Is it from small omissions?
A small omission – pee or dog or cat poo – can happen very quickly! If it is occasional, there is nothing to worry about. Except to check that the cat’s crate is well cleaned, that the dog is sufficiently out, etc.; also, be sure that uncleanliness is not the result of a behavioral or health problem.
A small omission in the house: expect it and don’t panic! The cat is generally clean and quickly understands that it has a crate. As soon as its litter box is suitable, that it is placed in a quiet place, and it is regularly maintained, the cat will relieve itself in it.
Is it a behavioral disorder?
If your dog is suffering from a problem and that the omissions – markings, stains, etc. – are repeated, it will be necessary to consult the veterinarian. A disease or behavioral disorder may be the cause. Don’t panic; this can be “cured” and usually covered by animal health insurance.
For dogs, toilet training can take longer than for cats, and it is not a question of the breed. When the little accident happens, you have to clean it up. But not just in any way!
Don’t put bleach in the cat’s litter box!
It is not appropriate to clean using bleach or ammonia (nor in dogs either!). Bleah and ammonia can “amplify” the smell and “stimulate” the marking reflex in animals. So, you might get the opposite effect to the one you want! And this is not without danger for the animal.
Indeed, using bleach to clean the cat’s litter box, or even to put some inside the box after changing it, can be harmful to the cat’s health. The combination of ammonia (urine) and bleach is a toxic and irritating gas called chlorine. It attacks the respiratory tract, eyes, and skin; therefore, this gas can be dangerous for your pet in a confined atmosphere.
Therefore, a good rinse with lukewarm water before putting “new” litter at the cat’s disposal is recommended.
Nevertheless, a “drop of the litter” from cats – and dogs – can leave an odor… and worse, a trace!
Favor “natural” products
You can initially, for cleaning, use many “natural” products: sparkling water, white vinegar (ideal, the latter is increasingly popular because it disinfects and deodorizes), lemon juice, household alcohol, baking soda, soda crystals, Terre de Sommières, dishwashing liquid… but avoid ammoniated or bleached products.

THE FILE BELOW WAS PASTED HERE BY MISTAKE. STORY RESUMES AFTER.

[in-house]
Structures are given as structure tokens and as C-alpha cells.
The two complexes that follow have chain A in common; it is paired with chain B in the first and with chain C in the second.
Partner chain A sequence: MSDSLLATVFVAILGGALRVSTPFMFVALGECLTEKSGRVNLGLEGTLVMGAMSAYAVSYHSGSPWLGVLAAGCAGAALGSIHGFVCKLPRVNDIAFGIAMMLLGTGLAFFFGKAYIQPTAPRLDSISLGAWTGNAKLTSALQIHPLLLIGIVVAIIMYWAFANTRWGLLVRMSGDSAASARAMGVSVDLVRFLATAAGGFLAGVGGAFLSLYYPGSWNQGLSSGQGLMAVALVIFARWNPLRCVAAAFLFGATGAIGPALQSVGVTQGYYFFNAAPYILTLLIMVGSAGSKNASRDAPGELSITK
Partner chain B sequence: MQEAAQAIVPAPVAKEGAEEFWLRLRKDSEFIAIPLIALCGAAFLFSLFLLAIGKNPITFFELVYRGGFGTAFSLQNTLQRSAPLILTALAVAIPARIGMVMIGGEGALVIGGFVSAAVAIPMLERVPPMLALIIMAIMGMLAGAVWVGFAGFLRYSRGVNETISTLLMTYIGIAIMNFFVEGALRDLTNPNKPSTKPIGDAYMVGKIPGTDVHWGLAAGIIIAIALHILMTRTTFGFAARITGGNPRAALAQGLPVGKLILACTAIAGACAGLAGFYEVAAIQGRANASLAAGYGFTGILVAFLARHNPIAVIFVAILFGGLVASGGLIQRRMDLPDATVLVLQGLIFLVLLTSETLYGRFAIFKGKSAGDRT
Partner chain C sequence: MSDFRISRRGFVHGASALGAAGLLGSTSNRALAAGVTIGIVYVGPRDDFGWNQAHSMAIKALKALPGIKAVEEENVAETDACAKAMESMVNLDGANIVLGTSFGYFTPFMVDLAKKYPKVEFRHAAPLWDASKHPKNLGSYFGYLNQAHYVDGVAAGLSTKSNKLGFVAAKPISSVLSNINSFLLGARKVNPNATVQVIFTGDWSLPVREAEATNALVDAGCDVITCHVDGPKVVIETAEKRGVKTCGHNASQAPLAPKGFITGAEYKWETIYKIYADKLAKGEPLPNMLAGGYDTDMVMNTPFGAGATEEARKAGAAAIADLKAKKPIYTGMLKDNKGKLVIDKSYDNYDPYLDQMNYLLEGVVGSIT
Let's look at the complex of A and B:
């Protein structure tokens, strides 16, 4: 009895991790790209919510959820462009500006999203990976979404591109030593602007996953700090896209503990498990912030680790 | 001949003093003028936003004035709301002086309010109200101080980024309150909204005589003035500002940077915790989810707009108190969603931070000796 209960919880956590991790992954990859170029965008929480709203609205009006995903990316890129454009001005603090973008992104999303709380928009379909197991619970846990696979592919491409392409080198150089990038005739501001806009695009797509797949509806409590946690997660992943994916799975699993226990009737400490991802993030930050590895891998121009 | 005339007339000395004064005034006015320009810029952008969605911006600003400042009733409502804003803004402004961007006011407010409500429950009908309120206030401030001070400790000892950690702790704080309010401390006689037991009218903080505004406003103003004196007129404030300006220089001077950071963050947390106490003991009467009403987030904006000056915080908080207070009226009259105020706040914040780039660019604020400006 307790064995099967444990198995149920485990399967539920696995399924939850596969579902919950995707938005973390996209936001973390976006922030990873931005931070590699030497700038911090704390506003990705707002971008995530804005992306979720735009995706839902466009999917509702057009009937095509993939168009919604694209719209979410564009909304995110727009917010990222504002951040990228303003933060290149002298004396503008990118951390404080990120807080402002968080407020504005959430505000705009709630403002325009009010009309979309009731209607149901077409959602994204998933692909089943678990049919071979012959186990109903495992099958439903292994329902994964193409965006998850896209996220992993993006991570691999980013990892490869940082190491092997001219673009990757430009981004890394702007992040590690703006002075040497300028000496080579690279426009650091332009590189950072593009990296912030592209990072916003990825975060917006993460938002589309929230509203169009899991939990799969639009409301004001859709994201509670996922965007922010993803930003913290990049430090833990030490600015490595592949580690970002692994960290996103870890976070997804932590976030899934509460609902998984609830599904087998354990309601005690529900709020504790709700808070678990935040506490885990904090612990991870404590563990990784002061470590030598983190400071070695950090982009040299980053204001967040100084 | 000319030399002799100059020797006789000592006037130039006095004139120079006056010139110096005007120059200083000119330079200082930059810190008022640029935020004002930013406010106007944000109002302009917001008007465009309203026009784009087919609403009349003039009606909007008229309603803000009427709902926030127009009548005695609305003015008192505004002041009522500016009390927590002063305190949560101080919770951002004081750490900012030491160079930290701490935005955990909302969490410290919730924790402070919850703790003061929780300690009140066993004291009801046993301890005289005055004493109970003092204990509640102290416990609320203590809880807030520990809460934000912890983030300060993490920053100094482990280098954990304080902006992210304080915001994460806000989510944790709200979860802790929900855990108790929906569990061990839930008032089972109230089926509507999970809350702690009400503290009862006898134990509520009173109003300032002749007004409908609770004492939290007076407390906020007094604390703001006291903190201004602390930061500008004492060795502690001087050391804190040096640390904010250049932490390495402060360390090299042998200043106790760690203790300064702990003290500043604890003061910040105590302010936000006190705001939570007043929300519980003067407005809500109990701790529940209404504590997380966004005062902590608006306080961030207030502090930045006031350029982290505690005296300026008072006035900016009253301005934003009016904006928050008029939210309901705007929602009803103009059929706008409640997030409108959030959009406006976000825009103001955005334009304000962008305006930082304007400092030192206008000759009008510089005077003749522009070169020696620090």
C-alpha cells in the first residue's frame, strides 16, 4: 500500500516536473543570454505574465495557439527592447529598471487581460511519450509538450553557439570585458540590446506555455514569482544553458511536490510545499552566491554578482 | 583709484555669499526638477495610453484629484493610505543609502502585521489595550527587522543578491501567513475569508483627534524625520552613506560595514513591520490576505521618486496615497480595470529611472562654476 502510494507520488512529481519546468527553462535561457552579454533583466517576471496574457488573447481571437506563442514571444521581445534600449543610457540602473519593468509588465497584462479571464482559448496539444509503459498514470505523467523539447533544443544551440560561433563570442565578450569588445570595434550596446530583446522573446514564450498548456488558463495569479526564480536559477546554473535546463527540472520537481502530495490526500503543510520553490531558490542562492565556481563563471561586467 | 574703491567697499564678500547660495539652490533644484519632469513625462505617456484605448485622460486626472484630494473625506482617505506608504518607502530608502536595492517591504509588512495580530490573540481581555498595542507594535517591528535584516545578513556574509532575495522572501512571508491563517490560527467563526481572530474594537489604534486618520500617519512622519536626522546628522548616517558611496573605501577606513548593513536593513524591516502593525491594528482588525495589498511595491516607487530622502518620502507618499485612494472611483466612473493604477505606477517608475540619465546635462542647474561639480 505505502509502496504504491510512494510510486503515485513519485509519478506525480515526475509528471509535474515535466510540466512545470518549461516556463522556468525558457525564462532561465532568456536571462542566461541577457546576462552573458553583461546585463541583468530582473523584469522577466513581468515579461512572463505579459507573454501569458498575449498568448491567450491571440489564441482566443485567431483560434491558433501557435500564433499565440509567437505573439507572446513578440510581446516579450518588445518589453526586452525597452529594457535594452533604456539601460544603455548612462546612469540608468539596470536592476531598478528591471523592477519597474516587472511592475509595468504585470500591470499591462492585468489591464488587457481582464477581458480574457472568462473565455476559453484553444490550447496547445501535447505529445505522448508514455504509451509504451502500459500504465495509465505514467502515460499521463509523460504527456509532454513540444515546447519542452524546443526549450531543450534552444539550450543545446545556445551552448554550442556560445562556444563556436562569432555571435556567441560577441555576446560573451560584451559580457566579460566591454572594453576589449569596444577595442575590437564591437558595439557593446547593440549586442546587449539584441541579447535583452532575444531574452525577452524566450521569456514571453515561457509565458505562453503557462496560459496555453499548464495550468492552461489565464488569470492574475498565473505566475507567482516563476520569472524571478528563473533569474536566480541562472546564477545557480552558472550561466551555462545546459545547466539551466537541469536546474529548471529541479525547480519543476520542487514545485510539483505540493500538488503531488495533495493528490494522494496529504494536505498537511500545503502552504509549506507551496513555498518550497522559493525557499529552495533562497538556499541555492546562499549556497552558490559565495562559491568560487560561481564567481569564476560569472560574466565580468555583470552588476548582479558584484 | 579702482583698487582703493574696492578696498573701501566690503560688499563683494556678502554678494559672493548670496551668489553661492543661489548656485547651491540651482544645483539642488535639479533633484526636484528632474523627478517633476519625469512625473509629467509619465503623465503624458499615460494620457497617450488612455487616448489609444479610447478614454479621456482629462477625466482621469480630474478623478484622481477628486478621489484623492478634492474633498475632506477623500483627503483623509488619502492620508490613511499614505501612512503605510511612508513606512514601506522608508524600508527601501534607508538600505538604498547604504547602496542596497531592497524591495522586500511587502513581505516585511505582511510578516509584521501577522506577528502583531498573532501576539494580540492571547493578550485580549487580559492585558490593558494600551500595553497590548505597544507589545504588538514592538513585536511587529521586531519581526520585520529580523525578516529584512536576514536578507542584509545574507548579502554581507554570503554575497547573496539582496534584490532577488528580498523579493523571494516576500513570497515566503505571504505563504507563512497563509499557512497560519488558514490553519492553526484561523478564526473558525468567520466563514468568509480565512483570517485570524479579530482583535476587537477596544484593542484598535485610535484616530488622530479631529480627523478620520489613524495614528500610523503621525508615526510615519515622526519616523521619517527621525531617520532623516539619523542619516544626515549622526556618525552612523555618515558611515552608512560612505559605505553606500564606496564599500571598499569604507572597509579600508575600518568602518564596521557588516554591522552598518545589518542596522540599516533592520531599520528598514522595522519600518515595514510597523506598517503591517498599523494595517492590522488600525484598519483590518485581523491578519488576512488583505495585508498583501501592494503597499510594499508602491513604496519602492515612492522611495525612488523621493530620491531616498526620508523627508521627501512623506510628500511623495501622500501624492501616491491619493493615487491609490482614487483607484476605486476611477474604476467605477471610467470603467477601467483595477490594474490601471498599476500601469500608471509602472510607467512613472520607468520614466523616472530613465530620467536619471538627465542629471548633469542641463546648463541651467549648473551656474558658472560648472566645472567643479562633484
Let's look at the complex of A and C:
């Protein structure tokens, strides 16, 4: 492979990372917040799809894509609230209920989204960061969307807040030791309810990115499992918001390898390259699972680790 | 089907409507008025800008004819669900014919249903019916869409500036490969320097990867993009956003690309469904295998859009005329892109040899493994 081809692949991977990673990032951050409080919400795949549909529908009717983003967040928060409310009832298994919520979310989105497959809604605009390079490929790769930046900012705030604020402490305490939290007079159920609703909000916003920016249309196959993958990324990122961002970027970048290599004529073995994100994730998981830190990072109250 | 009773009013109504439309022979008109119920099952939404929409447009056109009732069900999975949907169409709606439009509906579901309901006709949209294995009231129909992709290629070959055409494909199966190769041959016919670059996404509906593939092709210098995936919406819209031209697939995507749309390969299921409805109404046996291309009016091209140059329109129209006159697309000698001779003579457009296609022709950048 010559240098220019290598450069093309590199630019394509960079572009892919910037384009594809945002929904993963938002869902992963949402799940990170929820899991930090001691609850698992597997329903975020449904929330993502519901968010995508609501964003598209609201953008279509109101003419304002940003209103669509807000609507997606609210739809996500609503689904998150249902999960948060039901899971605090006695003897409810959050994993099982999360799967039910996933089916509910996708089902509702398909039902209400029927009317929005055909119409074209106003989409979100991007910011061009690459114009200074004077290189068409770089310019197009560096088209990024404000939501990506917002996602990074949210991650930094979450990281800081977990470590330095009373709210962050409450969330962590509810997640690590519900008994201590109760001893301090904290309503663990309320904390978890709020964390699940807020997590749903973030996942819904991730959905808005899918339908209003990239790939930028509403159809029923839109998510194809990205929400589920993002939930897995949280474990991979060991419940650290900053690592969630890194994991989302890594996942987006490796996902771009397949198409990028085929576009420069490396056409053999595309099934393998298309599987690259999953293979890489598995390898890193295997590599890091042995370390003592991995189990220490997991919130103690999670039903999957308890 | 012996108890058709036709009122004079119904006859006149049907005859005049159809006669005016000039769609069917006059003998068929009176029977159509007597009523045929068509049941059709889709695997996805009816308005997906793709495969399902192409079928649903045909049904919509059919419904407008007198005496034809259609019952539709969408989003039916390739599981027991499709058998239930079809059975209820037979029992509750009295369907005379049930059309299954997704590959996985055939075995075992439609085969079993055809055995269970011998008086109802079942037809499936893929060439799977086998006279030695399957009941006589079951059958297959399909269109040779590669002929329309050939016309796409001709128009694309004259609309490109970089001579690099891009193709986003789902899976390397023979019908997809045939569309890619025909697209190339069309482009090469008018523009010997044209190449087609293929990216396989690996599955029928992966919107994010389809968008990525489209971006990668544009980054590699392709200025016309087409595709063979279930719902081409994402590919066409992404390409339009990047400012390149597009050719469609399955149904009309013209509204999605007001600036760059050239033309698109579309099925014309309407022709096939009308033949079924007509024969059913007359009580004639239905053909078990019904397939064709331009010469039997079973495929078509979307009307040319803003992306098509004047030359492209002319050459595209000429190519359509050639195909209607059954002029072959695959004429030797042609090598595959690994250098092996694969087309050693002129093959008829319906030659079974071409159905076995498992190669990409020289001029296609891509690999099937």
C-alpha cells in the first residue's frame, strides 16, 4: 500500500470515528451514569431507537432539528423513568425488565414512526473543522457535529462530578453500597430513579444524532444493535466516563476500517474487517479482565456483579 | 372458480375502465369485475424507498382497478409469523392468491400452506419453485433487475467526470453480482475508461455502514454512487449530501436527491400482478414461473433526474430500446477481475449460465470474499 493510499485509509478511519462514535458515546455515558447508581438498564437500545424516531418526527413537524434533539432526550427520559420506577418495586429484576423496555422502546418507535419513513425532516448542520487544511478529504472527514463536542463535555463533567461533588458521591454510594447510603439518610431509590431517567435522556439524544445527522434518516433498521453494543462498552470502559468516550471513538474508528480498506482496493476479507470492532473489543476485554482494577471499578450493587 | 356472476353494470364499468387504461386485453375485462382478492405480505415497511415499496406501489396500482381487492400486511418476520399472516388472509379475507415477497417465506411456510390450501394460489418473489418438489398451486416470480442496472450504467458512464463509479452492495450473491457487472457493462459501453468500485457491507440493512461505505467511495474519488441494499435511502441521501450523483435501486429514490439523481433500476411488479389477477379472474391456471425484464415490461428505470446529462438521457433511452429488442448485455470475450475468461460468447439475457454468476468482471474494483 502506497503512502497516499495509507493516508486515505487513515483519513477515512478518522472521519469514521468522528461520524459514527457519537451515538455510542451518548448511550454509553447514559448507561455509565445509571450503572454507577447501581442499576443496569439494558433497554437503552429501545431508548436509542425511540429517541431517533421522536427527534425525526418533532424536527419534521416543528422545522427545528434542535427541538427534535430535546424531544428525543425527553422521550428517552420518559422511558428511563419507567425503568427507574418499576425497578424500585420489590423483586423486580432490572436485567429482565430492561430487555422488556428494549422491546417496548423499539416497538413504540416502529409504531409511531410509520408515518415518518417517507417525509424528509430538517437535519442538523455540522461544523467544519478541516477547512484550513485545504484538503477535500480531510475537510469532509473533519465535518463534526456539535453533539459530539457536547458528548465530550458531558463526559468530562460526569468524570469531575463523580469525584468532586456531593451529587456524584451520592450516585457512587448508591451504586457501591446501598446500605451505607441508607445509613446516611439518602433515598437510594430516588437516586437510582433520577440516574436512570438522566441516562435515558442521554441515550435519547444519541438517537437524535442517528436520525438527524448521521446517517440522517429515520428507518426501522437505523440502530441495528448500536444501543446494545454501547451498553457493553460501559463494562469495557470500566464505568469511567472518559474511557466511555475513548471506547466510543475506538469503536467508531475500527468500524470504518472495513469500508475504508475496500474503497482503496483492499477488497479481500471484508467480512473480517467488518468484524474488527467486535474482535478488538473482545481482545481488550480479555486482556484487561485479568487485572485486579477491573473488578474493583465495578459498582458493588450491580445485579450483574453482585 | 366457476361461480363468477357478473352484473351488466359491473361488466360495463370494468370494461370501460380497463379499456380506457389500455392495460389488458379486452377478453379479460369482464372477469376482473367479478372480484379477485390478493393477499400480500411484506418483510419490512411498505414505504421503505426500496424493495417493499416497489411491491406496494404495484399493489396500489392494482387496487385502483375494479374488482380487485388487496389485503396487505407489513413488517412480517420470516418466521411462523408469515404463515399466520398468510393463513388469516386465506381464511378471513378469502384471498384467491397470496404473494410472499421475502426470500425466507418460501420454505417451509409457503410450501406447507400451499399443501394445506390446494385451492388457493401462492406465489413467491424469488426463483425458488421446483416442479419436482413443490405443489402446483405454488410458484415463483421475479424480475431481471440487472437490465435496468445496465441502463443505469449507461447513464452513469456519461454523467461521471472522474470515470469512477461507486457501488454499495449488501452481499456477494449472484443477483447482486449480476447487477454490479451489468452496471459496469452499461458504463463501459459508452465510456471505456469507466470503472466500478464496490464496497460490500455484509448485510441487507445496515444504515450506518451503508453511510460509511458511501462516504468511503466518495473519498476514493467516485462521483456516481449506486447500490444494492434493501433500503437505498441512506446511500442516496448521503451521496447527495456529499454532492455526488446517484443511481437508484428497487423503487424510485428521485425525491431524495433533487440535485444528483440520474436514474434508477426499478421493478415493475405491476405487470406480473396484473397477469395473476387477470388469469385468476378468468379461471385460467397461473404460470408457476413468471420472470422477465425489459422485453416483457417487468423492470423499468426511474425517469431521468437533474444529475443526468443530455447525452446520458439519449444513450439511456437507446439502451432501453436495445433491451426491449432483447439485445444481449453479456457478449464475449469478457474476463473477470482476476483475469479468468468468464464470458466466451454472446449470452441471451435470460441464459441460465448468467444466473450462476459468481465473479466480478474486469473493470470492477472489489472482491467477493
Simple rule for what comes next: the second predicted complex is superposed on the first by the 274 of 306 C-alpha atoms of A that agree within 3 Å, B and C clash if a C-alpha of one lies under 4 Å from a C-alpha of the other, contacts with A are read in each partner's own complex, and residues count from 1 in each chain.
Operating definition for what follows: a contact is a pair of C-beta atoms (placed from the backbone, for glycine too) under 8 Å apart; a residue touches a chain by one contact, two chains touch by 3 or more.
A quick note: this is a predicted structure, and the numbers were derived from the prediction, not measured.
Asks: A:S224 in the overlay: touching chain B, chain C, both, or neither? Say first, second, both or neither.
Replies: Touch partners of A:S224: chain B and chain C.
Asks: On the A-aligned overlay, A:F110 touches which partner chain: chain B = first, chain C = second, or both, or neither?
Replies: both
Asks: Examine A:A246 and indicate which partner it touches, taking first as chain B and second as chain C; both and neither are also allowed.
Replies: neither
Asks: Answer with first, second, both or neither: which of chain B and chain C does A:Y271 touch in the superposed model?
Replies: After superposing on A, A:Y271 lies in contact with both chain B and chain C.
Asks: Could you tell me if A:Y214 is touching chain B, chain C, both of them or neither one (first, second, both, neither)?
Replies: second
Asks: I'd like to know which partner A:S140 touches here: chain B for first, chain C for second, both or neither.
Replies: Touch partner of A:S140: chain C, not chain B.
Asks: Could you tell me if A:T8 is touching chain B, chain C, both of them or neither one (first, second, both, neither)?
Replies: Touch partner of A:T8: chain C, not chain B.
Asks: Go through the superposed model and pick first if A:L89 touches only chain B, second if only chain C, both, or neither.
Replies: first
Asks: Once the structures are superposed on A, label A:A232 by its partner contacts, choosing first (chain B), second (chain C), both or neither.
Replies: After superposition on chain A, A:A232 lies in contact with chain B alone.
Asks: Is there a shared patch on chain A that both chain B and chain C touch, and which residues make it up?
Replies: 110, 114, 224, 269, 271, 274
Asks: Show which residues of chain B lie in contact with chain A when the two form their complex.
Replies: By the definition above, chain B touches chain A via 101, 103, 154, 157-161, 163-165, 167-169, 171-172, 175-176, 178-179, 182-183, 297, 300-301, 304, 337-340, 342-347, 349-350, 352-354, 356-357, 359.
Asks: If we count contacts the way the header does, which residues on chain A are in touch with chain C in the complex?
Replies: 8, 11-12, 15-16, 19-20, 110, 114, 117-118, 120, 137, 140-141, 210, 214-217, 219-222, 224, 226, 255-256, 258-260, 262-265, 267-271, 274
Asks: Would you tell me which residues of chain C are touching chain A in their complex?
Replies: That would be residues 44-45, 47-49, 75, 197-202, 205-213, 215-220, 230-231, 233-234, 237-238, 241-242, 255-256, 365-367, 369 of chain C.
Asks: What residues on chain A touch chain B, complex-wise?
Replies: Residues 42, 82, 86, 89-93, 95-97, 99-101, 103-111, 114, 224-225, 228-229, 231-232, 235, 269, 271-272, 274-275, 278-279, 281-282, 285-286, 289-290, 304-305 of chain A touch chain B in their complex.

Grandma’s remedies for cleaning pet poop
The Internet sites allow you to find many tips and “Grandma’s remedies” to get rid of stains following a pee or a dog or cat droppings. Whether on the floor (parquet floor, porous tiles, linoleum, carpets…) and leather sofas (in this case, we can find tips using the milky make-up remover creams that we use for our face. A steam cleaner will also help to get rid of the most stubborn stains.
The most important thing to remove a stain is to remove as much of it as possible and dab the soiled area with sparkling water before wiping it with absorbent paper. Then proceed with the actual cleaning. With a little elbow grease! And using natural products as much as possible.
Do you have “infallible,” “miracle,” “revolutionary,” and straightforward tricks to remove stains after your dog or cat has left its poop on your veranda? Remember to share them in the section below!
Coming to the ultimate solution, if you don’t want to do the dirty work, this should not be a problem. First Coast Scoopers can keep your yard cleaner, safer for your pets, your family, and your beautiful shoes. That is to say, you will less likely walk on poop!
You can check out their website for pet waste cleanup in Jacksonville here.